|Sermon delivered by David Hughes, pastor of First Baptist Church in Winston-Salem, N.C., on Feb. 8, 2009.
1 Corinthians 8: 1-15
Let’s be honest—this is a tough time to talk about financial stewardship! Every day we’re greeted with more bad news about our economy. One day last week I heard a Nobel-prize winning economist say that what we’re in now is not our “father’s recession” but our “grandfather’s.” In other words, we’re closer to the depression of the 1930s than the recession of the 1980s.
One silver lining of our current economic woes is that for the first time in a long time, people are actually saving money rather than spending all they earn, plus some. But that silver lining also has a dark side—people are now tempted to give little or nothing to Kingdom causes at all as they fearfully hold on to their jobs and their money.
So it may seem odd to talk about giving generously to the Lord’s work in the middle of a financial meltdown, but that’s what I want to do. The question for the day is—what do generous churches look like in tough economic times? Fortunately, the Apostle Paul gives us a good answer in 2 Corinthians 8.
One year before Paul wrote his second letter to the Corinthians, he had asked several Gentile churches, including the relatively affluent church of Corinth, to take up an offering to help some destitute Christians in Jerusalem. Evidently, the Corinthian church was the first to volunteer to help out. But over the course of that year, the Corinthian Christians had done little but sit on their billfolds. In other words, they were doing a fine job of modeling how to be a stingy church. They talked a good game when it came to giving, but that’s all.
Meanwhile, various churches in the region of Macedonia responded quite differently. Evidently, the churches of Macedonia were going through their own version of a Depression, but you would have never known it by their giving to help their poor brothers and sisters in Jerusalem.
In the midst of a very severe trial, their overflowing joy and their extreme poverty welled up in rich generosity. For I testify that they gave as much as they were able, and even beyond their ability. Entirely on their own, they urgently pleaded with us for the privilege of sharing in this service with the Lord’s people. And they went beyond our expectations; having given themselves first to the Lord, they gave themselves by the will of God also to us.
There’s nothing mysterious about Paul’s motives here. He’s hoping to transform a stingy church into a generous church by drawing a vivid picture of how members of generous churches behave in tough economic times. What can we learn from the Macedonian churches that might help us today?
We learn that generous churches don’t let economic circumstances dictate their giving patterns. Rather, their giving is determined by their trust in God and their faith in Jesus Christ. You might think that since the Macedonian churches were undergoing their own severe trial, they’d be unwilling to give to other poor people they don’t even know. But that’s not what happened, because the Macedonians were driven by their faith rather than their fears.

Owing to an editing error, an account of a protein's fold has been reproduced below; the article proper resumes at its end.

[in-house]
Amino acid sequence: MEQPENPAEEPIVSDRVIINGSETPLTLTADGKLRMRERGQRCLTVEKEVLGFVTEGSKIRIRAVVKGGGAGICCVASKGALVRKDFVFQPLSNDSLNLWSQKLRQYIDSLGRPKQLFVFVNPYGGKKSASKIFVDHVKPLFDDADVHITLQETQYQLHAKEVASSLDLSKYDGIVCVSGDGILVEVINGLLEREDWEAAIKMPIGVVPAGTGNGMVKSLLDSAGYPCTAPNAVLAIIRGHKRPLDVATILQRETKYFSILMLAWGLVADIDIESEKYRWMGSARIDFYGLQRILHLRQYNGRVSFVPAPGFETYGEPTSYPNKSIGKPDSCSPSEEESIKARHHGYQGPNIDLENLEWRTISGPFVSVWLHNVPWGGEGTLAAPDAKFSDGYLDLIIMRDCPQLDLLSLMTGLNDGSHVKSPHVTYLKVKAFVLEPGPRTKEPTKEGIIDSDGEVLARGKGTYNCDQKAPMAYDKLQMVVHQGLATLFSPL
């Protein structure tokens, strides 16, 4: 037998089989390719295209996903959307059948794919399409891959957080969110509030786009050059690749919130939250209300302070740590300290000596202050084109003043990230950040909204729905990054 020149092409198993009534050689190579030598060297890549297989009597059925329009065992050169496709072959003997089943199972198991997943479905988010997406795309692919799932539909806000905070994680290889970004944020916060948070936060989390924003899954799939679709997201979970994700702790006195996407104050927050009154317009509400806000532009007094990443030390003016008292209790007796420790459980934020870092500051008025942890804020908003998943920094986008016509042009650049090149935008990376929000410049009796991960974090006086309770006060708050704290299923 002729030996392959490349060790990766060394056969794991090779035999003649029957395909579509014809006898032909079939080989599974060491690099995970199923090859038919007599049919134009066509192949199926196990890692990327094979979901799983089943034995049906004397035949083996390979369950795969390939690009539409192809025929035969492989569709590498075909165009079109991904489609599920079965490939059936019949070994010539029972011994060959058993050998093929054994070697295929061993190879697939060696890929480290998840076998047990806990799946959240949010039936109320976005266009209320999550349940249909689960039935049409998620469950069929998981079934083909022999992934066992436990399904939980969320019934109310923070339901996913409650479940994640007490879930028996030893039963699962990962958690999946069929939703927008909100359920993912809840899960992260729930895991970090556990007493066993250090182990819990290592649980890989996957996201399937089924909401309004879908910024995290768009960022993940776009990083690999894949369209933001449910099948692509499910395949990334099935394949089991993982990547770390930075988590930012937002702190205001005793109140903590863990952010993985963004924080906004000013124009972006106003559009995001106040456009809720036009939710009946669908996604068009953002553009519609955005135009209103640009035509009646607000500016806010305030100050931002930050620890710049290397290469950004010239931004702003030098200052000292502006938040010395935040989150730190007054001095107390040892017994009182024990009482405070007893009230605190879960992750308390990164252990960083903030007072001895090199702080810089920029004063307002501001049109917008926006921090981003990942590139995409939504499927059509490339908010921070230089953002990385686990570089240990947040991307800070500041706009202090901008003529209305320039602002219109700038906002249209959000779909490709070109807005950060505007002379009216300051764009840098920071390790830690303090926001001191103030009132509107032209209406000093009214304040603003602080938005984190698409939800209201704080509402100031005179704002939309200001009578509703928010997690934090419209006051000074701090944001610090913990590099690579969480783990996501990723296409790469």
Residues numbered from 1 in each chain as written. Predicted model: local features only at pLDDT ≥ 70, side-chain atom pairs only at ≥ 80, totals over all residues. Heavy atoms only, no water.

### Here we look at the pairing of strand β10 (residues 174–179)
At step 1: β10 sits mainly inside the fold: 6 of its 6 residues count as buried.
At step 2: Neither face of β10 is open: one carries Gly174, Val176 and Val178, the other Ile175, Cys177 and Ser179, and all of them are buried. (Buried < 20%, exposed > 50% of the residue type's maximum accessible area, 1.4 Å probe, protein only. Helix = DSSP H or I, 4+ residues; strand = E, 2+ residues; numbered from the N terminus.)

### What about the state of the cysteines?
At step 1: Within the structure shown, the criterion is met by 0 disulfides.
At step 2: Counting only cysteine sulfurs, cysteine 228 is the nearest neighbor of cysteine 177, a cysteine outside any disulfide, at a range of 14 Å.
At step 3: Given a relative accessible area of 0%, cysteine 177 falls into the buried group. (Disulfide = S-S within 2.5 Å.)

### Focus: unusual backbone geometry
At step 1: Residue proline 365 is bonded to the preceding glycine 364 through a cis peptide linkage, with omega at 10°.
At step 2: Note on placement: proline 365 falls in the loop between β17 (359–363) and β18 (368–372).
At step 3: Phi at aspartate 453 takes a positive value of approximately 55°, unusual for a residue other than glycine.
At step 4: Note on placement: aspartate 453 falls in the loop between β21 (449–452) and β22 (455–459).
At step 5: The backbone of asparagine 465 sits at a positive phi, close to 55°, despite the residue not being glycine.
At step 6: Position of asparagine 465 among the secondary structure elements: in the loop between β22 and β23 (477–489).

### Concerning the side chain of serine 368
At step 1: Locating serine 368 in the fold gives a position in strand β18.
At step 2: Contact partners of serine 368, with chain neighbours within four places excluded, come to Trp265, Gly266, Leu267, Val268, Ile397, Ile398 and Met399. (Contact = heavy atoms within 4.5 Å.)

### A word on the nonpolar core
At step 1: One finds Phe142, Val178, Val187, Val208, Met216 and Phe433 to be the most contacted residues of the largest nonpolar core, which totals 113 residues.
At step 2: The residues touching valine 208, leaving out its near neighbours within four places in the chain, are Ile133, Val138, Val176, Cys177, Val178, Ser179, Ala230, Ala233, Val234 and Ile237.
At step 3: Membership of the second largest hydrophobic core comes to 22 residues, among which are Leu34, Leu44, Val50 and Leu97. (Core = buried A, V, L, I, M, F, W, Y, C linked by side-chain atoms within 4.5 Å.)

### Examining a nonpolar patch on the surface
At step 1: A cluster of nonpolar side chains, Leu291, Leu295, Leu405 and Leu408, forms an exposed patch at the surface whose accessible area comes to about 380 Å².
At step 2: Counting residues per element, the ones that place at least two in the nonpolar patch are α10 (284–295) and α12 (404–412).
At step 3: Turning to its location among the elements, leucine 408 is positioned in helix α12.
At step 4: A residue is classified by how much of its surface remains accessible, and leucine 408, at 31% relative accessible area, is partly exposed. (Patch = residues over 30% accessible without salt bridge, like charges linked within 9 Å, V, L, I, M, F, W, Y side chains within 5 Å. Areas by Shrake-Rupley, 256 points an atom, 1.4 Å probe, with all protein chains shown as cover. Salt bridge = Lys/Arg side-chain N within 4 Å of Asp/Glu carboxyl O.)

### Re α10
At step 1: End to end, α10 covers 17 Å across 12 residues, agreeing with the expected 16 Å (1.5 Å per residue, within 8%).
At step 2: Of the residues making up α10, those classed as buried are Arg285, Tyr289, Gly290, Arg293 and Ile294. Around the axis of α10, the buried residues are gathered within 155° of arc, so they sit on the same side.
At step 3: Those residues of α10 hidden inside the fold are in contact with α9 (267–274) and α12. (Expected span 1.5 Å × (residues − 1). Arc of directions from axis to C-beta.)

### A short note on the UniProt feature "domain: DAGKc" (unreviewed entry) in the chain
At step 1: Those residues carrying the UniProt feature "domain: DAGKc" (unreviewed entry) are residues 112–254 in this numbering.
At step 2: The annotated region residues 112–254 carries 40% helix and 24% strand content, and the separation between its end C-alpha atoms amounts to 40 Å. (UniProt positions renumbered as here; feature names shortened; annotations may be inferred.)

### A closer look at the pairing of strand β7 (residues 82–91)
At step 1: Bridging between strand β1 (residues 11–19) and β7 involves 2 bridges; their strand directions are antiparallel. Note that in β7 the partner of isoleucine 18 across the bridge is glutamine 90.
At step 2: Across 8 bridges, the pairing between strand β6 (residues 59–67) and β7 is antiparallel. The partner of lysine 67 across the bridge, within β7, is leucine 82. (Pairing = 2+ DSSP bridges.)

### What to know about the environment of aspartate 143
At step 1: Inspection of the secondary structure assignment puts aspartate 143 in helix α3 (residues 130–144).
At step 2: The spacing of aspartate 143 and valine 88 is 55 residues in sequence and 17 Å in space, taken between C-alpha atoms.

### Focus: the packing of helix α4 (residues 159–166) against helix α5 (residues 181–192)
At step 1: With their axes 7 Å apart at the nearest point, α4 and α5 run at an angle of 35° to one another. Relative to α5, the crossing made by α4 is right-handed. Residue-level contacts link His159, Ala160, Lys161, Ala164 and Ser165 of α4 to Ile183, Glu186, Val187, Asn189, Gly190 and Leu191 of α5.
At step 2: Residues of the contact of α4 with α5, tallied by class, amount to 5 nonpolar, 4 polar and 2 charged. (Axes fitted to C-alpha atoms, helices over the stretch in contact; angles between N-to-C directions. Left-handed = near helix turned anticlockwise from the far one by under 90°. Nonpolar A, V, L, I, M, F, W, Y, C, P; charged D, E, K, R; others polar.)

Today, I want to publicly commend a sister Baptist congregation, FBC Greensboro. Three weeks ago, despite the fact that First Greensboro finished 2008 in the red financially like most churches, this congregation voted to give $30,000 to help local ministries that work with the poor. Their pastor, Ken Massey, was quoted in the Biblical Recorder as saying that he hoped the church modeled “what we ask our members to do—give beyond their fears.” Ken goes on to say, “It’s easy to want to hold on to that money in case things get worse, because they might.”
Friends, that’s what generous churches do in tough times... they give beyond their fears. That means they give generous gifts, not frugal ones. The Macedonian churches didn’t give what they were able…they gave far more. In this respect, they remind me of that great-eighteenth century preacher George Whitefield who never seemed to have much cash on hand, yet always gave extravagantly to others. Critics of Whitefield would say, “He is quite mad; he is giving away too much.” A wise bishop who had been watching Whitefield’s incredible ministry said, “I hope he will bite others and make them mad, too!”
Members of generous churches give so lavishly that they make others think they’ve lost their minds. They also give freely and joyfully, not out of obligation or a feeling of guilt. Paul didn’t have to beg the Macedonians to give. They begged him for the privilege of giving even more! Generous churches don’t dread the next “appeal”. They see that appeal for what it is—a fabulous opportunity to grow themselves spiritually, to build community within their church and with those they help, and to provide an opportunity to show the world that when times are tough, Christians are at their best.
Of course, the key to it all is that members of generous churches give themselves first to the Lord before they give a dime to anybody else. They understand that commitment to Christ is the foundation for everything in the Christian life, including giving. Without that prior commitment to Christ, even generous gifts are ultimately hollow.
As you consider your next growth step, I hope you won’t just think in terms of monetary gifts. Some of us need to take the step of trusting God in the tough times as well as the good times. That may mean that your next step is to give generously not just in a good economy, but in a bad one.
Some of us need to move from obligation to celebration as we give—our hearts need to change even more than the amounts we give. And some of us need to rededicate our lives to Christ before we do anything financially.
Maybe your next step involves a lot more than dollars and cents. Whatever it is, I’ll hope you take it…today!